The Mavs will continue to be patient with Odom and hope he emerges as the kind of impact player he’s been for most of his dozen-year career. And they’ll hope that Carter and West continue to be among the NBA’s best veteran bargains, regardless of the roles they’re asked to fill.

Fresh Fit: Brandan Wright earning a role?

January, 24, 2012
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DALLAS – The Lamar Odom saga continued Monday night when he followed up a miserable first half with a solid second half.

But the most encouraging thing that happened at power forward against the Suns occurred while Odom joined suit-sporting Dirk Nowitzki on the Mavericks’ bench.

Brandan Wright gave the Mavs eight minutes, 35 seconds of magnificently energetic basketball. The high-leaping former lottery pick with a minimum-salary deal scored five points and three rebounds, playing a key role in the Mavs outscoring the Suns by nine during his playing time.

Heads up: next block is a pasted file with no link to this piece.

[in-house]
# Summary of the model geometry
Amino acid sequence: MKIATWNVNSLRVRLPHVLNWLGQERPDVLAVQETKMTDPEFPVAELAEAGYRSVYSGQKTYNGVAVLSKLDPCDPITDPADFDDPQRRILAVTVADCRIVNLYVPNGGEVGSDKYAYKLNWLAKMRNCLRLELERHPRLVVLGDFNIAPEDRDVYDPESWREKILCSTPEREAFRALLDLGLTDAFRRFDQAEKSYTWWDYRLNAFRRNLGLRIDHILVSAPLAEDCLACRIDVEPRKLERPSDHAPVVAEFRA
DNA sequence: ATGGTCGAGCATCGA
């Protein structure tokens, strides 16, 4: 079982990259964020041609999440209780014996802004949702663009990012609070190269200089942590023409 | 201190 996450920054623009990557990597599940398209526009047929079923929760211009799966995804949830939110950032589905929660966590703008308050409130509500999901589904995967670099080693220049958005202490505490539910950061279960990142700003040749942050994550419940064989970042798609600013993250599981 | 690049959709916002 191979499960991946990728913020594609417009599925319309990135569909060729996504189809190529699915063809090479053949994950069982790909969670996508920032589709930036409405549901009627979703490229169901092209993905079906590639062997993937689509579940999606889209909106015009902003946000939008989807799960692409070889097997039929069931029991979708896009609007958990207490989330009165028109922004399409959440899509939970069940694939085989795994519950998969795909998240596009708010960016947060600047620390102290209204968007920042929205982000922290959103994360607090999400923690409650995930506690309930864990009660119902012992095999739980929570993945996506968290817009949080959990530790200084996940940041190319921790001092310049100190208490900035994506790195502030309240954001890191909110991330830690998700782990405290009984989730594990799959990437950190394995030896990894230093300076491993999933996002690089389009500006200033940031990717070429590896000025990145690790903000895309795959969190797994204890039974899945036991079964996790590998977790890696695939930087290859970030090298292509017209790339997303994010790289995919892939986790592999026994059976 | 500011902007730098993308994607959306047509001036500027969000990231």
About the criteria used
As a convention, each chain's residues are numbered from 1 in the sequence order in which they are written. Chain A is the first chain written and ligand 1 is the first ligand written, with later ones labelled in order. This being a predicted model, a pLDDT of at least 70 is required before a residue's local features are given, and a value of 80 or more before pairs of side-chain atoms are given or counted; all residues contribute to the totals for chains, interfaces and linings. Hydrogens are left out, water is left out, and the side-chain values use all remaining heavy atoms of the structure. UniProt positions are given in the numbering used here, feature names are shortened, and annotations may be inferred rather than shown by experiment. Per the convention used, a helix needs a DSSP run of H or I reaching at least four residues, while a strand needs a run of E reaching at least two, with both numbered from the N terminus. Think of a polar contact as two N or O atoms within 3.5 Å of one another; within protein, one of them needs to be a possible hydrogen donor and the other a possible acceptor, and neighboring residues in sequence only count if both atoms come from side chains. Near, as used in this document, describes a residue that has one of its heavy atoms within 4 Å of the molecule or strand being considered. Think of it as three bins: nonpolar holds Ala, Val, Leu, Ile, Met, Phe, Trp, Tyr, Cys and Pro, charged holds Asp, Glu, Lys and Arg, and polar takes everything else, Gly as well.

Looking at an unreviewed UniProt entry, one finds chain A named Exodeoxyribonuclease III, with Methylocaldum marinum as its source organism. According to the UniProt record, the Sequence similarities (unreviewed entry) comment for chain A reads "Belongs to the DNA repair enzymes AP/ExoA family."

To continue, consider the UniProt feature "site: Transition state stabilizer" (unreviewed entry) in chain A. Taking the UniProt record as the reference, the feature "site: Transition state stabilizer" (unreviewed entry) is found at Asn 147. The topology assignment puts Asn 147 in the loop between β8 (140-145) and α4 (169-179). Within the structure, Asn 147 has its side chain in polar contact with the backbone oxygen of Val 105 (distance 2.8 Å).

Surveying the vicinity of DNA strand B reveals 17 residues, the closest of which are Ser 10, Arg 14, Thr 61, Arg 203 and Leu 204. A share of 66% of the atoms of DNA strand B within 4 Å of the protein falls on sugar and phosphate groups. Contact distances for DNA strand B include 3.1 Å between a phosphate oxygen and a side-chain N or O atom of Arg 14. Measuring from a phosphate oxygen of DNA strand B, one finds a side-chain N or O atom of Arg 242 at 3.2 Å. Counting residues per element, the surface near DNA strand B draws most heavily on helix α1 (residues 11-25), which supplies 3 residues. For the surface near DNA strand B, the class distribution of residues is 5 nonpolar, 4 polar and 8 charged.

Wright has consistently taken advantage of his inconsistent playing time. His per-36 minute stats this season: 22.2 points, 10.1 rebounds, 2.6 blocks and 1.6 steals.

Of course, the per-36 numbers are misleading because Wright’s minutes come in short bursts, often during garbage time. But they’re impressive enough to be intrigued.

The Mavs still have hope Odom will mesh with this team, although his Dallas stint has a distinct Antoine Walker feel to it so far. Newcomers Delonte West and Vince Carter (out now with a sprained left foot) have found their niches.

We’ll see whether Wright can earn a role. He’s making a case with the few minutes he gets.



Monta Ellis
20.3 4.4 1.8 33.8
ReboundsT. Chandler 12.0
AssistsR. Rondo 7.2
StealsM. Ellis 1.8
BlocksT. Chandler 1.4